COVID-19 cases top 73,000 across North Carolina, hospitalizations near a single-day record — North Carolina reports today there are 949 people are hospitalized with the coronavirus. That’s just two people fewer than the single-day record, recorded Friday. Just 78 percent of hospitals reported hospitalizations today, down 11 percent from Friday.
Published: 2018-09-19 19:03:00
Updated: 2018-09-19 21:12:25
Posted September 19, 2018 7:03 p.m. EDT
Updated September 19, 2018 9:12 p.m. EDT
By Travis Fain, WRAL statehouse reporter
CHAPEL HILL — More than a week in, nerves are frayed in the emergency shelters, and many people have no idea when they can go home.
If they have a home to go to.
The situation across southeastern North Carolina is one in flux. No one can tell these evacuees when they can go home.
"Friday's what the rumor is," said Jeff Wooldridge, who lived at Carolina Beach before the storm. "But how do they know?"
Upstream from the beach, the Northeast Cape Fear River is expected to stay at major flood stage into early next week. It won't fall below its previous record near Burgaw until some time Saturday afternoon, according to National Weather Service data.
The Neuse was still rising Wednesday, fueling concerns that it will eventually close U.S. 70 in Kinston.
The Lumber River was falling, but water upstream means it's expected to crest again this weekend in Lumberton and stay at major flood stage for days. Flat, coastal rivers took the brunt of Florence's deluge, and that's caused a backup upstream, according to John Shelton, associate director for the U.S. Geological Survey's South Atlantic Water Science Center.
Flat rivers drain slow.
Some 7,800 people were living in emergency shelters as of Wednesday, down from a peak of 22,000. That includes the mega-shelters capable of housing hundreds at the Friday Center in Chapel Hill and Lawrence Joel Veterans Memorial Coliseum in Winston-Salem. No one knows how many more are staying in hotels, or with friends and family.
People at the Friday Center spoke well Wednesday of the Red Cross and others keeping these shelters up and running. People have pulled together, they said. A local Walmart brought a truckload of toys for the children here, one volunteer said. The food is pretty good, according to several evacuees. The laundry service and the hot showers are a life line to sanity. There's a health clinic.
People sleep on cots, often a few dozen to a room.
But those who heeded early government warnings, and had nowhere else to go, have been in shelters more than a week. Some are on their second shelter.
State officials, asked about temporary housing solutions for several days now during routine briefings, have only said they're working with the federal government on the issue, and they're getting good cooperation. Gov. Roy Cooper said he discussed the matter with President Donal Trump Wednesday during the president's visit to the coast.
Hotel rooms are hard to come by because other evacuees have claimed them, limiting temporary housing options, Emergency Management spokesman Keith Acree said. After Hurricane Matthew, shelters here stayed open five weeks, he said.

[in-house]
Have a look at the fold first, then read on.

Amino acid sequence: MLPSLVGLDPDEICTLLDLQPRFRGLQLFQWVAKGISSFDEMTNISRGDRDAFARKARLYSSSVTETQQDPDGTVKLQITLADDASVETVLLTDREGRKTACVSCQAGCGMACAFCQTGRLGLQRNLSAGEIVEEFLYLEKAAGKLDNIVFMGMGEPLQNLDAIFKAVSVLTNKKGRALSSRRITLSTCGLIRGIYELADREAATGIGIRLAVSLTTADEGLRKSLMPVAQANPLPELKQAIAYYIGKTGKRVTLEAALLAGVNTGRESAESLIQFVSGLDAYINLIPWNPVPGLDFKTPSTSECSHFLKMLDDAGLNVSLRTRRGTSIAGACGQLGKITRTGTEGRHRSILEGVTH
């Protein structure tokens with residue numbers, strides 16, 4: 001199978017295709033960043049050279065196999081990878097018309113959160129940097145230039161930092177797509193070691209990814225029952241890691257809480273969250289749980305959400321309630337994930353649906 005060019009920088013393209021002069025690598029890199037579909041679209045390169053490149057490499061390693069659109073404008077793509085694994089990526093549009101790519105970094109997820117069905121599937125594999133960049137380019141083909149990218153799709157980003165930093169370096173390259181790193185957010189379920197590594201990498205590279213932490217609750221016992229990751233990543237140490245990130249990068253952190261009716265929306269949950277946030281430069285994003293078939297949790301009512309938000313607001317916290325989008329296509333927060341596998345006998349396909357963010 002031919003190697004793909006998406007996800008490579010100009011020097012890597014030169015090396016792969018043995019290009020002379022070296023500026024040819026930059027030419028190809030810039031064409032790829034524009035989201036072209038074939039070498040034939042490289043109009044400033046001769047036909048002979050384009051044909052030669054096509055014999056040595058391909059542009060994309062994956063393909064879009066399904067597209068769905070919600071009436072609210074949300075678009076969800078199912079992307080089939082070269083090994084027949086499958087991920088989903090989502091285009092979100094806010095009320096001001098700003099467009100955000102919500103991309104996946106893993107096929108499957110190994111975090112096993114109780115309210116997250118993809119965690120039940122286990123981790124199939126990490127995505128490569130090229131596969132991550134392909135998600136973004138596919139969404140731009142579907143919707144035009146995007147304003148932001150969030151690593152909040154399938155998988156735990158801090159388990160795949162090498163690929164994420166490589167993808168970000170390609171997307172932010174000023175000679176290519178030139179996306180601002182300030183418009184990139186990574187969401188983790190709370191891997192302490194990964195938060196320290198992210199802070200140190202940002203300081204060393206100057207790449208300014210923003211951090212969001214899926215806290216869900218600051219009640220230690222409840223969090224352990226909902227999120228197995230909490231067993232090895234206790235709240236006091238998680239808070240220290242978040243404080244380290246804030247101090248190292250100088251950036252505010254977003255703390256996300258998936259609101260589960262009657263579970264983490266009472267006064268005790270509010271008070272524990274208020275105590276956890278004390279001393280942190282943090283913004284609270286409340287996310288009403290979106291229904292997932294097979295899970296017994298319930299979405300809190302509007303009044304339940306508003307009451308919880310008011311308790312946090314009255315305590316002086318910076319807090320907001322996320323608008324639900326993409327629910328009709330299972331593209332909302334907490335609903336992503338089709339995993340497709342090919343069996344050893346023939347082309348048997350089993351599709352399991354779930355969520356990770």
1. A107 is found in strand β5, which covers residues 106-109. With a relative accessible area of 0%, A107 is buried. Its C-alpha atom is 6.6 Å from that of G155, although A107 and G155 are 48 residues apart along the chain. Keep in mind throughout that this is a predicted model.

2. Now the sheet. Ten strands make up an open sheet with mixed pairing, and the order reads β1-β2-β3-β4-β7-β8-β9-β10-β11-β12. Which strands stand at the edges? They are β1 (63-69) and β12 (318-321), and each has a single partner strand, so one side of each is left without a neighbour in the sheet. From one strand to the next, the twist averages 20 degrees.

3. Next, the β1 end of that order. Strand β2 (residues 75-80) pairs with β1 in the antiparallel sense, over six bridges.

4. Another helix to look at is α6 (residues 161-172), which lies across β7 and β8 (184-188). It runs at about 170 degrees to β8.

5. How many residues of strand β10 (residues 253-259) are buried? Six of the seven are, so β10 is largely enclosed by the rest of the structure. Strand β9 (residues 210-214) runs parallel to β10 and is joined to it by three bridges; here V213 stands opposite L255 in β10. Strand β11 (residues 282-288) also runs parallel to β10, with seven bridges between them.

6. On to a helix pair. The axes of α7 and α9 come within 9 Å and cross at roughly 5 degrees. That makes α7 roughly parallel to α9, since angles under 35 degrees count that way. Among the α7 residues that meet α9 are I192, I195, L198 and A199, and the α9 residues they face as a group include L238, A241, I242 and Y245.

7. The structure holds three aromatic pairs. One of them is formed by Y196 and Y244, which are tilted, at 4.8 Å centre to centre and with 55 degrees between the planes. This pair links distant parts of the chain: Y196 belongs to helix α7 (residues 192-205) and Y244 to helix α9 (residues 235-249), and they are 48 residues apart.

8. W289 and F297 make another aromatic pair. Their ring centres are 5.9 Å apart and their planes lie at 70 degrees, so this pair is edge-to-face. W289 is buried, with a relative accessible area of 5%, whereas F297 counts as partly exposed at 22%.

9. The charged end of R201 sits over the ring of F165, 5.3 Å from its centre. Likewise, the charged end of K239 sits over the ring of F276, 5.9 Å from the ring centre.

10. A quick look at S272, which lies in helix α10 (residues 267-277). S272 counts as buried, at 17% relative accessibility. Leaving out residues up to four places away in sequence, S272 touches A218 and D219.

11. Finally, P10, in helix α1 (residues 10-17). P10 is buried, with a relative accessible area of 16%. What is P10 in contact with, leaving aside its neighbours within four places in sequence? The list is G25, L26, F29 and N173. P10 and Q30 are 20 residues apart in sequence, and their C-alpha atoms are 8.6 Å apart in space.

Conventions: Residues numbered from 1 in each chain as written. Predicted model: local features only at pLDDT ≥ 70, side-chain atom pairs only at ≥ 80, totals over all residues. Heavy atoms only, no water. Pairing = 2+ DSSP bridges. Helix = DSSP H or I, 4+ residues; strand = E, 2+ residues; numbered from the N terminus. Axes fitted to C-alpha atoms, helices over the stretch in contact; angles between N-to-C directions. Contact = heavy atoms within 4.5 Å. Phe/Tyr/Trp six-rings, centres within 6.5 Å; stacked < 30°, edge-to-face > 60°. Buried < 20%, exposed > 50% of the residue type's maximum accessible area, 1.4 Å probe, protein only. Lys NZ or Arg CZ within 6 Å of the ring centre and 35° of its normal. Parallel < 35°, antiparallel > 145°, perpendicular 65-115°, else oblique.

"People can only take so much," Chris Ross, an evacuee from Fayetteville, said Wednesday. "It's wearing on a lot of people here, trying to keep their sanity together."
Ross left home a week ago, abandoning a place that still had mold and rot from Hurricane Matthew, he said. The National Guard ended up pulling people out of his neighborhood last week.
For those with homes to go to, the roads are a limiting factor. Some 800 routes were closed across the state Wednesday morning, down from a weekend peak of 2,200.
Interstates 95 and 40 remained closed at 15 different points. The N.C. DOT said the water may clear enough by the end of this week that I-40 can be inspected for damage, but that's a best-case scenario. Parts of I-95 will be flooded at least through Monday, the department said.
For most roads the DOT can't predict when they'll re-open, spokesman Steve Abbott said. State officials have pleaded with people not to drive past barricades.
"We have a lot of cases where the road might be there, but you don't know what's underneath it," Abbott said Wednesday.
Others stay because they don't have a ride home. They came to shelters by bus and expect to return home that way, eventually. One man with a minivan said he believed his home was safe, and the route open. But he needed gas money to get his family there.
Connie Lewis celebrated her 63rd birthday in a shelter Monday. Her uncle, Robert Tillman, died the same day, swept away by flood waters.
Lewis leaned on her walker outside the Friday Center.
"I got power, I got everything I need," she said. "I just need a ride home. I am ready to go lay down on my hospital bed."
A lack of electricity keeps others in the shelters. Red Cross volunteers said some evacuees have left the Friday Center, only to come back because they don't have power at home.
The state said close to 200,000 people were without power Wednesday afternoon.
People tend to think that, once a hurricane moves on, the water goes away quickly, Shelton said Wednesday.
"There has been a pretty extreme misconception on how long this is going to take," the hydrologist said. "This one unfortunately sat on top of us for a couple of days."